Former Rep. John Dingell, longest serving member of Congress in US history, has died


    FILE - In this July 29, 2015 file photo, former Rep. John Dingell, D-Mich., speaks at an event marking the 50th Anniversary of Medicare and Medicaid on Capitol Hill in Washington. Former Michigan Rep. John Dingell, the longest-serving member of Congress in American history, has died. He was 92. Congresswoman Debbie Dingell says her husband died at his Dearborn home on Thursday, Feb. 7, 2019. (AP Photo/Susan Walsh, File)

    Former Rep. John Dingell, Jr., the longest-serving member of Congress in United States history, has died on Thursday -- a day after his wife and successor, Rep. Debbie Dingell, announced that he was entering "a new phase" of his life, according to an ABC News report.

    Dubbed "Big John" for his imposing 6-foot-3 frame and sometimes intimidating manner, a reputation bolstered by the wild game heads decorating his Washington office, Dingell served with every president from Dwight D. Eisenhower to Barack Obama.

    He was a longtime supporter of universal health care, a cause he adopted from his late father, whom he replaced in Congress in 1955. He also was known as a dogged pursuer of government waste and fraud, and even helped take down two top presidential aides while leading the investigative arm of the powerful House Energy and Commerce Committee, which he chaired for 14 years.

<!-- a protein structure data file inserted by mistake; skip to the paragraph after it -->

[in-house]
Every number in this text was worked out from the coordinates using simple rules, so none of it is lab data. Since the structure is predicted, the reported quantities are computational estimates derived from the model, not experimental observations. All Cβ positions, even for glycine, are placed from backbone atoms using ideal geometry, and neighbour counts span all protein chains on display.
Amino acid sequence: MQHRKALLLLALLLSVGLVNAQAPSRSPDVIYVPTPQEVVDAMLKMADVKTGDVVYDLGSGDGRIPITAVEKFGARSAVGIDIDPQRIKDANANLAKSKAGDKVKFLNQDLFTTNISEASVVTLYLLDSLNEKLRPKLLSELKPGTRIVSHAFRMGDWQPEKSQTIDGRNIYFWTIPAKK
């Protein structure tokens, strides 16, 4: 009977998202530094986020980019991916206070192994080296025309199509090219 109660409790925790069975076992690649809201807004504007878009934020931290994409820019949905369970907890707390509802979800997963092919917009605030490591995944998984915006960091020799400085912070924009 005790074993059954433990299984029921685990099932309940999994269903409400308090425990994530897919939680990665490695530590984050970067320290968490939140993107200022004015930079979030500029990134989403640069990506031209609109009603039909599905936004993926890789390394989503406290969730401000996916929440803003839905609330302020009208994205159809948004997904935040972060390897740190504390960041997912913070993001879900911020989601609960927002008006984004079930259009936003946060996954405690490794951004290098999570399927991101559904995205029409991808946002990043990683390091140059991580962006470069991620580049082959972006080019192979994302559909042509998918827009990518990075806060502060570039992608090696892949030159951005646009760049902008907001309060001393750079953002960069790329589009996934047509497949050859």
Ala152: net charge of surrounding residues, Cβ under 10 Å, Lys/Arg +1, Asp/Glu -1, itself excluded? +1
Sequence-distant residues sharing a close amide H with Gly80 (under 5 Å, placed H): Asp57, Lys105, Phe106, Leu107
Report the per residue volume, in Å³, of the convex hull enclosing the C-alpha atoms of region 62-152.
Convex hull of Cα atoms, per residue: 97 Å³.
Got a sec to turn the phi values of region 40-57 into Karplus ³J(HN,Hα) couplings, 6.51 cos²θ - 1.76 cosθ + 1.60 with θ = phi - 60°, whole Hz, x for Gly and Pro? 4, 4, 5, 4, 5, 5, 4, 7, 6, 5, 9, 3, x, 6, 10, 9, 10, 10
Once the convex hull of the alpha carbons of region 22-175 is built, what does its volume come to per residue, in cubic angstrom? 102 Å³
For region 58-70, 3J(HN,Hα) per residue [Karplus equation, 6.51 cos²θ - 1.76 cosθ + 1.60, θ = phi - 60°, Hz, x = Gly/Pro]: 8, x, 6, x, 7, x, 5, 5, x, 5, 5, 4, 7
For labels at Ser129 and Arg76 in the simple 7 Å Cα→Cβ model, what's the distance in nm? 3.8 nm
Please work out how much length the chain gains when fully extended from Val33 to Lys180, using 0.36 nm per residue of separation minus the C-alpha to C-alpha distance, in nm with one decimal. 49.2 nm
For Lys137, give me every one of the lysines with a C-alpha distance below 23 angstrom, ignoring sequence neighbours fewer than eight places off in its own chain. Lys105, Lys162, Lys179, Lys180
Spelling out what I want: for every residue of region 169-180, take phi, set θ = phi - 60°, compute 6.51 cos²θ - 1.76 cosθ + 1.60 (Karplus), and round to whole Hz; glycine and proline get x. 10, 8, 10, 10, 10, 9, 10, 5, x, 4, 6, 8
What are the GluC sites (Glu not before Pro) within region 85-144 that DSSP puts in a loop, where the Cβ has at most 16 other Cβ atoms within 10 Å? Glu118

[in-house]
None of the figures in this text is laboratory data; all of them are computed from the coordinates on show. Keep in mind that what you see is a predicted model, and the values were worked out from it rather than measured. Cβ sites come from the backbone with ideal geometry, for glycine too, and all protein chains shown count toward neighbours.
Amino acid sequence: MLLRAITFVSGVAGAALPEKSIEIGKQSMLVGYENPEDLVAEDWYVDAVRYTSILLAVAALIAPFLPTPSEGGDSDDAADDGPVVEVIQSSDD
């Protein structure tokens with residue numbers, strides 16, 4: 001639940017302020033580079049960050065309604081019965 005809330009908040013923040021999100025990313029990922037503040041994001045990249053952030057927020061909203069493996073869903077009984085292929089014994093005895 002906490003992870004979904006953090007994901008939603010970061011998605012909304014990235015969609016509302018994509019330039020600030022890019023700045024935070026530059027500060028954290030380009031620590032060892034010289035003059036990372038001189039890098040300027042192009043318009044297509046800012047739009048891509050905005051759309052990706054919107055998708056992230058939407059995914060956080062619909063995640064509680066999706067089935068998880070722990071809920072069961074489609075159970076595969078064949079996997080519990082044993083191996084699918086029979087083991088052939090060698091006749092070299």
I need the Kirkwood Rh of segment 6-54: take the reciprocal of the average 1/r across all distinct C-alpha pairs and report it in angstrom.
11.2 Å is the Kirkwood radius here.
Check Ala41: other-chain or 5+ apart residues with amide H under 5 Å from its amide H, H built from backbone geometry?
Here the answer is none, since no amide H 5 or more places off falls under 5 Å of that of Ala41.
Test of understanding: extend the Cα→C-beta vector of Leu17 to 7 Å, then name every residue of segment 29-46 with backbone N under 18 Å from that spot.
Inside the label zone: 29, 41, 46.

Dingell had a front-row seat for the passage of landmark legislation he supported, including Medicare, the Endangered Species Act and the Clean Water Act, but also for the Clean Air Act, which he was accused of stalling to help auto interests. His hometown, the Detroit suburb of Dearborn, was home to a Ford Motor Co. factory that was once the largest in the world.

    Yet one of his proudest moments came in 2010, when he sat next to Obama as the $938 billion health care overhaul was signed into law. Dingell had introduced a universal health care coverage bill in each of his terms.

    "Presidents come and presidents go," former President Bill Clinton said in 2005, when Dingell celebrated 50 years in Congress. "John Dingell goes on forever."

    Critics called him overpowering and intimidating, a reputation boosted by the head of a 500-pound wild boar that looked at visitors to his Washington office. The story behind it? Dingell is said to have felled the animal with a pistol as it charged him during a hunting trip in Soviet Georgia.

    Michigan Gov. Gretchen Whitmer announced his death on Twitter, stating:

    A source close to the Dingell family also confirmed that Dingell, Jr. had died.

    Dingell had 252,000 followers on Twitter, which was an outlet for the outspoken Democrat's wry takes and quick wit. In January, he noted the negative 7-degree temperature in Hell, Michigan, and retweeted a tweet from the Detroit Free Press that said the "Detroit Lions are going to win the Super Bowl" now that Hell had frozen over.

    Along with his wife, Dingell is survived by two daughters, two sons, one of whom served 15 years in the Michigan Legislature, and several grandchildren.

    Dingell, age 92, was known to have been in declining health in recent months. He also suffered a heart attack Sept. 17, 2018.

    This is a developing story.

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